Having found him a lot more easily than I had bargained for I then discovered that he was shortly to catch a train and had to be interviewed in the mean time. This gave me about ten minutes to shoot the pictures and no way of getting back to the car to gather kit, oh! and it was about to rain.
The sky was still blue just outside the station concourse and the buildings gave us an area of shade so I decided to go with a similar idea to the "shooting from the shade" technique explained a few months ago. Because I am a Canon user I took advantage of the excellent ST-E2 flash transmitter on the camera and the 550ex flash unit in slave mode but because I chose to shoot with the flash in manual the technique applies to any unit that has a manual output mode.I put a Sto-fen diffuser on the 550 and set it to 1/8th power. The journalist turned up on cue so I got him to hold the flash at an angle of about 35 degrees to the axis of the flash at a distance of two metres.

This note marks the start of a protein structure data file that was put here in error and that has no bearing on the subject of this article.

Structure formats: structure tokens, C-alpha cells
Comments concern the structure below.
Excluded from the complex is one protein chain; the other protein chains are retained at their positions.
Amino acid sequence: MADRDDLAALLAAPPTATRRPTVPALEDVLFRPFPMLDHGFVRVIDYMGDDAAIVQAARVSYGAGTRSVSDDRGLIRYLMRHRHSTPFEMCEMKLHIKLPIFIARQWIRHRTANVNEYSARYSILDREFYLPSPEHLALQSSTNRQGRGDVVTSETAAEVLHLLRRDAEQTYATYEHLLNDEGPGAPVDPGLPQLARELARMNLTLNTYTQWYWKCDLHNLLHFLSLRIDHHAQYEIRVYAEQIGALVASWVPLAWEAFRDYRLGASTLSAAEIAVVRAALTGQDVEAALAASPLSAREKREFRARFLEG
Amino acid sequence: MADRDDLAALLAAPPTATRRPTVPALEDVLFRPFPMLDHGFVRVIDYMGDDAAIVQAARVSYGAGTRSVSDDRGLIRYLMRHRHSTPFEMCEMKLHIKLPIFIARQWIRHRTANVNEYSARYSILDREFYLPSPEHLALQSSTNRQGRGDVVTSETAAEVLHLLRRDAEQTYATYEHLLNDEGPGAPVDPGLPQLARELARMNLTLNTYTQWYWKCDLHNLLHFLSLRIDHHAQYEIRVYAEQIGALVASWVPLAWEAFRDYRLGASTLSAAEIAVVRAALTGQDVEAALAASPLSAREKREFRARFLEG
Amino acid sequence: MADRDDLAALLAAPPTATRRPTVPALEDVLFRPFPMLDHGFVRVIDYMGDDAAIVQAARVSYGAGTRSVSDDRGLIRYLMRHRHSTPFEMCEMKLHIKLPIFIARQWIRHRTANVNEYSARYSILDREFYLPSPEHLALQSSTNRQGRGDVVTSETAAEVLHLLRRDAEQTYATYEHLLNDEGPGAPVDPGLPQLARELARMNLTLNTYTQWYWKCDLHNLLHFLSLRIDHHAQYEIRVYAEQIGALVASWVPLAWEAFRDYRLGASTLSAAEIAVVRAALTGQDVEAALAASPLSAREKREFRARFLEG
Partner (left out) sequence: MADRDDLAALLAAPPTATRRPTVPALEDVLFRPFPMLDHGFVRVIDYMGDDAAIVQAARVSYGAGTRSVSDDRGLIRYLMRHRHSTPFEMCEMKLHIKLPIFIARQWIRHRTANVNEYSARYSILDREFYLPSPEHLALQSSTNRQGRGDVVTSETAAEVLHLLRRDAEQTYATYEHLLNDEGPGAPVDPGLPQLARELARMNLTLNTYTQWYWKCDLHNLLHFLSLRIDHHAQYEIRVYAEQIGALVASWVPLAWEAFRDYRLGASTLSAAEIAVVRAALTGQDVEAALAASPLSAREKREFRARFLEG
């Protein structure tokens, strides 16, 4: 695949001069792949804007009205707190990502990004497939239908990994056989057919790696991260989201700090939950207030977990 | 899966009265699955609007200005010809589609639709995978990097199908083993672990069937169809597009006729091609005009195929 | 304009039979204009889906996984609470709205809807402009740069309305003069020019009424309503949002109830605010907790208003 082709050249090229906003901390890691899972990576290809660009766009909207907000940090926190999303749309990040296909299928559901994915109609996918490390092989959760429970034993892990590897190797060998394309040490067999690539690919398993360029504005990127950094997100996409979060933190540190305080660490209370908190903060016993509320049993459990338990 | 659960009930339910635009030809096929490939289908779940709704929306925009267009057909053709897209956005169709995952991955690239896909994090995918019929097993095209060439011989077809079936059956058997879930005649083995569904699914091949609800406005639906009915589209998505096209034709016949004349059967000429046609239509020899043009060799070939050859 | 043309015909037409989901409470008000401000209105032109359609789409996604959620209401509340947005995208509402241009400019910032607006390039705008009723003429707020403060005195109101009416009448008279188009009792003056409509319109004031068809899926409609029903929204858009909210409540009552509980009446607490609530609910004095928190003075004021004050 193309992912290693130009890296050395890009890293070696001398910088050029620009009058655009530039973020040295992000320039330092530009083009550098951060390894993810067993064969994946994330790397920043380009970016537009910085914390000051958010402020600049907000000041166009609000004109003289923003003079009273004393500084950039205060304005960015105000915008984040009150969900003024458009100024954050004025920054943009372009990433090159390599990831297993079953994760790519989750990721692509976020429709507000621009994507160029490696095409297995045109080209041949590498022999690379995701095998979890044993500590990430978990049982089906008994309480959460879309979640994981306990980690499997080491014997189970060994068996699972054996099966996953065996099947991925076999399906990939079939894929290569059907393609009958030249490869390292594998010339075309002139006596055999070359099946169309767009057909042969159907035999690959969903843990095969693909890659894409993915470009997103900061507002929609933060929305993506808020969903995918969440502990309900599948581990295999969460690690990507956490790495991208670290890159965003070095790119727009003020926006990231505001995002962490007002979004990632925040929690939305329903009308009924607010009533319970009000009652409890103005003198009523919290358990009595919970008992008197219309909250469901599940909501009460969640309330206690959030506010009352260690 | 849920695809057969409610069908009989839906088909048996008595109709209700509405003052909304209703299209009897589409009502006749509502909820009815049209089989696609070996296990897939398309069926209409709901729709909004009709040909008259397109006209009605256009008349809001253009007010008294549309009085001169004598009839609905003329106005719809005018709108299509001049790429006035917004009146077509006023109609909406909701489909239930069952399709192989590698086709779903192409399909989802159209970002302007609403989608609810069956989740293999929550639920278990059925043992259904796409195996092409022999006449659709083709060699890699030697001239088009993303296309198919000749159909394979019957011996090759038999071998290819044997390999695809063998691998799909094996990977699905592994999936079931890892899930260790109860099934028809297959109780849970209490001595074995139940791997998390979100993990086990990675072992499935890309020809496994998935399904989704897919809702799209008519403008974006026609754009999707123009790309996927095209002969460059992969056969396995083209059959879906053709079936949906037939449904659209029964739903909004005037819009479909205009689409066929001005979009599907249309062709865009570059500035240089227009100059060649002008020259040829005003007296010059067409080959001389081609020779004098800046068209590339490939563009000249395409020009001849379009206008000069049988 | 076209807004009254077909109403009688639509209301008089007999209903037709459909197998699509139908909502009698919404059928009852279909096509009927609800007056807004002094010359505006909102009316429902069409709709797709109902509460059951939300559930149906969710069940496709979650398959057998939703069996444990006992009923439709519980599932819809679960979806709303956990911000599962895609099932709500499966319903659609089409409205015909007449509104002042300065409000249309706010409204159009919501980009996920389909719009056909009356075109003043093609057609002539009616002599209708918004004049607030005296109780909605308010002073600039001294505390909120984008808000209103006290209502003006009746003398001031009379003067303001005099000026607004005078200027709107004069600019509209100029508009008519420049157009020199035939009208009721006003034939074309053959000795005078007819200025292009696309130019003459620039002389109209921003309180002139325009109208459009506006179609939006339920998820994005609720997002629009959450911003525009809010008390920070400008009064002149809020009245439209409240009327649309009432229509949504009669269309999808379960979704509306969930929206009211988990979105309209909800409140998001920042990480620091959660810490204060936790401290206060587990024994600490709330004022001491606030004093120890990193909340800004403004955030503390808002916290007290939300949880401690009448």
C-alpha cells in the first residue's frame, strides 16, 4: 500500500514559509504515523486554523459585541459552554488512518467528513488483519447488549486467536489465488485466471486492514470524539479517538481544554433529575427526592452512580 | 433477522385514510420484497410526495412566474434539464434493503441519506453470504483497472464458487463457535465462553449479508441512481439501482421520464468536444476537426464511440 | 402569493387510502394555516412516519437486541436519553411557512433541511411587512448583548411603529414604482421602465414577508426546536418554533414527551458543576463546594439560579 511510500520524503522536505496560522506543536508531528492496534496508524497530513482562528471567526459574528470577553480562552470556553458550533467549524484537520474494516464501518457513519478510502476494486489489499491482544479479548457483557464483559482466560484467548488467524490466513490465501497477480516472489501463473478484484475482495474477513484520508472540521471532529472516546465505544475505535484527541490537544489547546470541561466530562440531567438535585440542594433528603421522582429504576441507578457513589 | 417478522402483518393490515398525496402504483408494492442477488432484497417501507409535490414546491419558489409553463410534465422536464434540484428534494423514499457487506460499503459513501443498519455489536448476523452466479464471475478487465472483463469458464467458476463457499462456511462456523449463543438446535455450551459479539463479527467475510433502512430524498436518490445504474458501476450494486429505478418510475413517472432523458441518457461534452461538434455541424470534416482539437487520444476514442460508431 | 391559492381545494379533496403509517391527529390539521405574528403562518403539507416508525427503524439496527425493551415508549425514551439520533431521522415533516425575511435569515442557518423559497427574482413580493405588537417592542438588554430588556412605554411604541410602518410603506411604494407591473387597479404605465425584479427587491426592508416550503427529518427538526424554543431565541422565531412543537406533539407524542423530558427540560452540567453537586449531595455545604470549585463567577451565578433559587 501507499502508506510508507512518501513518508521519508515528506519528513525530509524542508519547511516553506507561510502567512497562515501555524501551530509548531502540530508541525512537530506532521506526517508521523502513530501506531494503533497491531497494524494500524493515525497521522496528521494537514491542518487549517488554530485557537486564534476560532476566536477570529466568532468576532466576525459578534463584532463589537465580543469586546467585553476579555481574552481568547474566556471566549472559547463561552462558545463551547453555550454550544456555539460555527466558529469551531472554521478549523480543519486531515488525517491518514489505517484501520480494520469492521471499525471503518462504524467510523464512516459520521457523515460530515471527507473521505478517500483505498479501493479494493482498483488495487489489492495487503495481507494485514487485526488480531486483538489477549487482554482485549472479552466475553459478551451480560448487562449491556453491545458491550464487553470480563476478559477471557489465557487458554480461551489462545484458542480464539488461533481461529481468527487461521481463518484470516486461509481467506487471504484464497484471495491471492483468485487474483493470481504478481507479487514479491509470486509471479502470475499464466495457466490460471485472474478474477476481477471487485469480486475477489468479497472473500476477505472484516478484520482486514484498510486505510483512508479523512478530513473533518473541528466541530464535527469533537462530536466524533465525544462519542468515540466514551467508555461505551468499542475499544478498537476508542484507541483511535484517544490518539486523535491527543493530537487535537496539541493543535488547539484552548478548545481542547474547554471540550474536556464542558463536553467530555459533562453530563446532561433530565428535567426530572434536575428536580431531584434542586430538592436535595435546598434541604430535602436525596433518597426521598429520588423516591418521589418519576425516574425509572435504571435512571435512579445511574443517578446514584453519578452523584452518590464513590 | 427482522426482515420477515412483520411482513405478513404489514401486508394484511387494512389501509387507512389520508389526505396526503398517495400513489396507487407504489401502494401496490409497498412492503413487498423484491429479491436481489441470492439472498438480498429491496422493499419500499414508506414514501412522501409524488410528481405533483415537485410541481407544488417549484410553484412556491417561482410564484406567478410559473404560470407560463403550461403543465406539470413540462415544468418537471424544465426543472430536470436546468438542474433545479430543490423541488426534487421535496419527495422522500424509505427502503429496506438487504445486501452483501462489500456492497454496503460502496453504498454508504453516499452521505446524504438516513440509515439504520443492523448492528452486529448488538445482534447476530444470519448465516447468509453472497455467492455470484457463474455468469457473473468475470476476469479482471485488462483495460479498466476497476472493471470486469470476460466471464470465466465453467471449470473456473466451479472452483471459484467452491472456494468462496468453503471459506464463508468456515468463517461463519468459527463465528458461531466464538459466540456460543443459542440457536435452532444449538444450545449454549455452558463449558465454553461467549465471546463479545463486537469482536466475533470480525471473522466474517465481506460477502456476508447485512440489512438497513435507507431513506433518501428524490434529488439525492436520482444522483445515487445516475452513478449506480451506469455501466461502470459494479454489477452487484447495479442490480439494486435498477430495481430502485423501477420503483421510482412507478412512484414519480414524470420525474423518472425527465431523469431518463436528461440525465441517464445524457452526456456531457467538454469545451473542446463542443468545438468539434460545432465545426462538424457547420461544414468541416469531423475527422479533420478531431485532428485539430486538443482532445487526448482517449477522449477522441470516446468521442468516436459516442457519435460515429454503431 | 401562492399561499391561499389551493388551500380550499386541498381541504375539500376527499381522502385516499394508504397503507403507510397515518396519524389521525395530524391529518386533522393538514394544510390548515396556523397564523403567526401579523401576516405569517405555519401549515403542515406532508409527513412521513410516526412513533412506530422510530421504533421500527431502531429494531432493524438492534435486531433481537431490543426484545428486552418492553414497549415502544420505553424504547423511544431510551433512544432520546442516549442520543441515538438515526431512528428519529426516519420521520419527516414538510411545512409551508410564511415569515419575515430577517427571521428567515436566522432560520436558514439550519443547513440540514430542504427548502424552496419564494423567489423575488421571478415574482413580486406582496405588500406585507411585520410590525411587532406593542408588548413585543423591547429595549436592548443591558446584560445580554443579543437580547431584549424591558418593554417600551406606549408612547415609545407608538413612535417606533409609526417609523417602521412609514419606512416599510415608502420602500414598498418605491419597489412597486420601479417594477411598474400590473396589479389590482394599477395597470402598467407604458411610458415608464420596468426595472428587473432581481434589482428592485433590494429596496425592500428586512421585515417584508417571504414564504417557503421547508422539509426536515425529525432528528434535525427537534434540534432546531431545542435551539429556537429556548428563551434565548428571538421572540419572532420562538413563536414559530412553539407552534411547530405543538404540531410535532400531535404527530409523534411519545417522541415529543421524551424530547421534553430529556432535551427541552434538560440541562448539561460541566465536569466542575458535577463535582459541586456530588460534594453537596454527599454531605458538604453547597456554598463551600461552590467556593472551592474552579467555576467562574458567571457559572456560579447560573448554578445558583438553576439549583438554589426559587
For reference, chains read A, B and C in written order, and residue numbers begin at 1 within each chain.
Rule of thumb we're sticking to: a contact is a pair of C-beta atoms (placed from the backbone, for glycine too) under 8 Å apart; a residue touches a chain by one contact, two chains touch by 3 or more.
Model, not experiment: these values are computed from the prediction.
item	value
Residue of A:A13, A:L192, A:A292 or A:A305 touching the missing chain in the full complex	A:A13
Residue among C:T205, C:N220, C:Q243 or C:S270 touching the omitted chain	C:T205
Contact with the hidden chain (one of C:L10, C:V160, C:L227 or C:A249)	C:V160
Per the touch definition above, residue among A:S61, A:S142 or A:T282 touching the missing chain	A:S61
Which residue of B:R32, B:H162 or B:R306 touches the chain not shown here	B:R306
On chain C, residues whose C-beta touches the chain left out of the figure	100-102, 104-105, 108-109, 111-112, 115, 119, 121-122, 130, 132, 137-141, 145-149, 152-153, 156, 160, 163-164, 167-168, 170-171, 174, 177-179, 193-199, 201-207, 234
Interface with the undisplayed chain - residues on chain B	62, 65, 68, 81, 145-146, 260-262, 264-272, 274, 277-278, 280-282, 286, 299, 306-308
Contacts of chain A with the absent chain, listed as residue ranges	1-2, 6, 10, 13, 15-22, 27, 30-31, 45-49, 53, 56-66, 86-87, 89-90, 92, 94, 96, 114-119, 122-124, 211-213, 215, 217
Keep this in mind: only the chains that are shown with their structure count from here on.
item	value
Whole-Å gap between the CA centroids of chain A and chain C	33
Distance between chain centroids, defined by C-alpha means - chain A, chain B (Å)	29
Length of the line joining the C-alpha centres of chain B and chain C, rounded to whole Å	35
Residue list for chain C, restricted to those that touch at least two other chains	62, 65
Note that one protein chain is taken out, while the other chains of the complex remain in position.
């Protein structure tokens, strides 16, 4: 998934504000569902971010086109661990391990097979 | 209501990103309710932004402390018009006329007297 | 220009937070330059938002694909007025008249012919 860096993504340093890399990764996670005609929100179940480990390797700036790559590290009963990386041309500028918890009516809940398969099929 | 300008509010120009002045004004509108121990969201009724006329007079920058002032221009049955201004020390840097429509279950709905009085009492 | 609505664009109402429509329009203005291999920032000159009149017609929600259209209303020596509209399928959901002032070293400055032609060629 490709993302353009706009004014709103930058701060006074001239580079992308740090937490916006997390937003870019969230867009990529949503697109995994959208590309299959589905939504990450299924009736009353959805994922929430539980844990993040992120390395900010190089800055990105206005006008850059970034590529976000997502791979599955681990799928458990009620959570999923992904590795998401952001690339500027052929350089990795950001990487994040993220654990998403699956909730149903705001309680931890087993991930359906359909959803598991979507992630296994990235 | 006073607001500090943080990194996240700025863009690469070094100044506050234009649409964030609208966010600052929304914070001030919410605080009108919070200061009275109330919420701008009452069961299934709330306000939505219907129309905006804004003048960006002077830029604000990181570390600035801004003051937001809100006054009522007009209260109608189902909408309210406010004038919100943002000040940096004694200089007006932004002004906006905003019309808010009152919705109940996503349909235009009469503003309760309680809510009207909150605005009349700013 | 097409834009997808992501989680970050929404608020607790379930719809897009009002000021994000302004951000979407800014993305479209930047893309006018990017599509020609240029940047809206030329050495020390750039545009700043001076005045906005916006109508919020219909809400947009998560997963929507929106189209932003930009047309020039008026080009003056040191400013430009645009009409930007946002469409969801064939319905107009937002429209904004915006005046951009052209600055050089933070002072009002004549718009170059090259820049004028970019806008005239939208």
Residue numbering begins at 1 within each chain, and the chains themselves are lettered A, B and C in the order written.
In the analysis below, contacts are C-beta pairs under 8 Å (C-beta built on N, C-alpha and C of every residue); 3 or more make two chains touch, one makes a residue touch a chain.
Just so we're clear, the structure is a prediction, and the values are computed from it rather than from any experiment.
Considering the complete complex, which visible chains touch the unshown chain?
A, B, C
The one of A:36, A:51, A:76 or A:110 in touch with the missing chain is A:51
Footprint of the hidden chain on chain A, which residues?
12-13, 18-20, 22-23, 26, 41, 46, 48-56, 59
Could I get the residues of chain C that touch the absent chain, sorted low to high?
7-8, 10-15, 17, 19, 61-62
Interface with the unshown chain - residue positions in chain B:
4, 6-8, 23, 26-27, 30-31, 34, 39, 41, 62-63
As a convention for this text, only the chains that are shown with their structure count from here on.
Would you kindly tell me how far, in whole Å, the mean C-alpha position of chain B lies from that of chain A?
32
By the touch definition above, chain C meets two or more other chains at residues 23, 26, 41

With my 17-35 lens on my camera I shot a test frame and looked at it on the LCD. The sky which I had metered at 1/250th of a second at f8 was exposed perfectly, but the subject was underexposed. I set the flash to 1/4 power and tried again, but the subject was still a little dark. I moved my makeshift assistant forward by about 50 cm and the third test was spot on. The important thing at this point is to maintain the flash to subject distance so I made sure that was taken care of before shooting a variety of angles with the subject looking into camera for some pictures and straight at the flash for others. I also varied the angle of the flash in relation to the axis of the lens whilst maintaining the height of the flash above the subjects eye level to about ten degrees. The image above was shot with the zoom at 24mm (40mm equivalent angle of view) and with the flash at about 40 degrees from the lens axis.
The entire shoot lasted less than five minutes, including a few mugshots. The journalist got his interview and Mr. Molyneux got his train. Life is sweet.